11.   Victor Lewis, “Suspicion” (from Charles Tolliver, WITH LOVE, Blue Note, 2006) (Charles Tolliver, trumpet, composer; Victor Lewis, drums)

This is the trumpet player’s record? [Yes.] I have two impressions. The first impression, of course, is that it was some kind of Latin band, and I’m trying to think of that drummer who teaches at the New School… [It’s not Bobby Sanabria.] How’d you know that’s who I meant?  The next thing is the opposite of that, like say, Charles Tolliver. I know Victor Lewis played with him when I heard him at the IAJE. But I didn’t hear any music like this, and great as that music was, I didn’t hear THIS. It took me a minute to recognize him. It’s interesting to hear Victor. People ask me about Victor Lewis, and for years I would say, “If I ever had to recommend a sub for me…” In other words, if they said, “I want you to hire a sub, but I’m not going to tell you what the music is going to be like,” I would say Victor Lewis. Because his musical scope is similar to mine. Anything I would be interested in or try to do, I know Victor could do. Anything somebody would call me for, I think they could call Victor for. Victor is one of my all-time favorite drummers. I remember asking a recording engineer, just for recording clarity, who his favorite drummer was, and he had recorded everybody, and he said Victor Lewis. 5 stars, of course. Off the record, I went to college with Tolliver at Howard, and I never think of Tolliver as having those kind of chops. I know he can play, he’s one of my favorite trumpet players, but for a minute he almost sounded like Freddie! I said, “Who is this who’s picking it up on that level?” Now, I know he loves Freddie, but I didn’t know he could get that close to it. That’s off the record.

12.  Lewis Nash, “Tickle Toe” (from STOMPIN’ AT THE SAVOY, M&I, 2005) (Nash, drums; Steve Nelson, vibraphone; Peter Washington, bass)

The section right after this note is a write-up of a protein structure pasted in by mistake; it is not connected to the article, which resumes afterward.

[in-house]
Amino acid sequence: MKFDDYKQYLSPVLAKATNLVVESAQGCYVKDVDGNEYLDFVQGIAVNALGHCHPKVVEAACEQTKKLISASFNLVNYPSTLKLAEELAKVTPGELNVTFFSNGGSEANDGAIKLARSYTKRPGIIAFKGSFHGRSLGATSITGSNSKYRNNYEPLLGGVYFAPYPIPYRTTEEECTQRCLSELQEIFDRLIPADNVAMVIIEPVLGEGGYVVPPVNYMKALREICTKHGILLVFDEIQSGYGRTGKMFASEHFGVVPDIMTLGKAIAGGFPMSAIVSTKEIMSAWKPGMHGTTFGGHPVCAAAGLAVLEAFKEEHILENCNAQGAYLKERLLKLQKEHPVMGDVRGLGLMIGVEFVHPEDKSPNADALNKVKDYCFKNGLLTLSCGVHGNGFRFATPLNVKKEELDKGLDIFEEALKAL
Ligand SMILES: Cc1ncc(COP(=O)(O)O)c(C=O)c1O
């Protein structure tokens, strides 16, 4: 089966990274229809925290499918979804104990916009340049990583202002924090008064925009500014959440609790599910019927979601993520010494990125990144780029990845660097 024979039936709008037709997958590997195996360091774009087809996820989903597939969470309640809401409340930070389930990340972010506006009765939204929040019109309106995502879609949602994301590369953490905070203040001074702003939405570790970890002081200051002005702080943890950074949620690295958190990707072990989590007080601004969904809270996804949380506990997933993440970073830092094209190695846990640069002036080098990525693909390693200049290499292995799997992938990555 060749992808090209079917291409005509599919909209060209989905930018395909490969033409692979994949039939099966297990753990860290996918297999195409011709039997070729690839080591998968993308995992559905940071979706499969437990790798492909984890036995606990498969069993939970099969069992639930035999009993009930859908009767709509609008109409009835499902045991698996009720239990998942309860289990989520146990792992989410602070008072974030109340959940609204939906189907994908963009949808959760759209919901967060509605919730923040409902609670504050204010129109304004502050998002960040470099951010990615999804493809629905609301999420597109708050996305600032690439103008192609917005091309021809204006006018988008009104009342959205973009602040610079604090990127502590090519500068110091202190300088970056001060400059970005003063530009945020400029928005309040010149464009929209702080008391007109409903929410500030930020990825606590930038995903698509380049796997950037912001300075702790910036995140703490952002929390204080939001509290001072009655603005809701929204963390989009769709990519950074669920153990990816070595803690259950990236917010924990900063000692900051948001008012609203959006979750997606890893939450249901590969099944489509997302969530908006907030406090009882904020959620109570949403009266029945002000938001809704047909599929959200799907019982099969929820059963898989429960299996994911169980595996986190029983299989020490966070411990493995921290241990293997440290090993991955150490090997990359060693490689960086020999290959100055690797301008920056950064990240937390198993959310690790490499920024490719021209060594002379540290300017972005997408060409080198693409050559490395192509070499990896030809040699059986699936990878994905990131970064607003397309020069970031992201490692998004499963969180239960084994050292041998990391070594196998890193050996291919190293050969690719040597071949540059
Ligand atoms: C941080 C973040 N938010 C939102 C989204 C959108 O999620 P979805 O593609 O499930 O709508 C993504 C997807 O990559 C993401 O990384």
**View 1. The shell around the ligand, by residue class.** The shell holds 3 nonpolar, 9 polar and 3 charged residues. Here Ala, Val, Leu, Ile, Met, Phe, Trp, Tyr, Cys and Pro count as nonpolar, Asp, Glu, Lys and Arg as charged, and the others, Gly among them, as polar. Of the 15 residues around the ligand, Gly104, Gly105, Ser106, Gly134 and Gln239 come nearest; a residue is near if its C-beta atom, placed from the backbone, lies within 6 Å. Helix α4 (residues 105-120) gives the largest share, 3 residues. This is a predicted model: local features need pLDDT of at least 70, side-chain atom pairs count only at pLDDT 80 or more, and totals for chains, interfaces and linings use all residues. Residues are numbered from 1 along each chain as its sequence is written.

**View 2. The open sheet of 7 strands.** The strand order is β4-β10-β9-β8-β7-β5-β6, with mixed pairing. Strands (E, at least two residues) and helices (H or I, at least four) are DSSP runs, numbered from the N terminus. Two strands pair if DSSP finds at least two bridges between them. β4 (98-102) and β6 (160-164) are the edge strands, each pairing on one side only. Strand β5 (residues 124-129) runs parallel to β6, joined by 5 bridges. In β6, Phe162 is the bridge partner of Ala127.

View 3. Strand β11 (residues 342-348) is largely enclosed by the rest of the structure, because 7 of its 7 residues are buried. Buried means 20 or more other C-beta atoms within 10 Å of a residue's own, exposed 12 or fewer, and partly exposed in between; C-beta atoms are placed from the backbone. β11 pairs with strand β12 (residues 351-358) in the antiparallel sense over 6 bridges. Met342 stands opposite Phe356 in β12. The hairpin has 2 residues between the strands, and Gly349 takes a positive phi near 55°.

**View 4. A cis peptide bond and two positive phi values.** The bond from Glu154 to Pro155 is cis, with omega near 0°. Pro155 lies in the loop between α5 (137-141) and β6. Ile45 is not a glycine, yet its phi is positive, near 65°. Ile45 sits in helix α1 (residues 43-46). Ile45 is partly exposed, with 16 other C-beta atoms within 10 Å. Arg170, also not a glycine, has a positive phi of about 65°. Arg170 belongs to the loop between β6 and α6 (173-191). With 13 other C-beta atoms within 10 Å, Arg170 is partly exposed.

All the things you’ve played have been very enjoyable. You know how some people say, “I really didn’t like that at all.” You didn’t play one thing that I didn’t enjoy. I have ideas on this, but they’re so far-fetched… If the drum had no bottom head, I’d say Chico Hamilton or something. But it does have a bottom head. This is off the record, too. Even this sounds like me! Well, I mean, it’s something I would have played in this situation. So it just shows you, whoever I’m influenced by, a lot of other people are, too. He’s playing the form of the tune really well, or so it seems to me. It’s an older style of drumming by a modern guy. You sort of think of Zutty Singleton, Baby Dodds or Gene Krupa, even Sid Catlett, but there’s obviously a more contemporary drummer. He’s playing a calypso beat, which is interesting. It sounds like so many people… His sense of humor reminds me of Frankie Dunlap. There’s something about him that reminds me of Chico Hamilton. It’s somebody with some chops, though. 4 stars. Lewis is a student of the music. I should have been able to catch him. What threw me off is Nelson. Because he sounded so much like a Bags-influenced guy. I kept thinking it was back there, like somebody like Terry Gibbs or someone, and that made me think it might have been Mel Lewis, or even Ben Riley. Brilliant, man. He’s got a wide scope, too.

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Filed under Billy Hart, Blindfold Test, DownBeat, Drummer, Jazz Times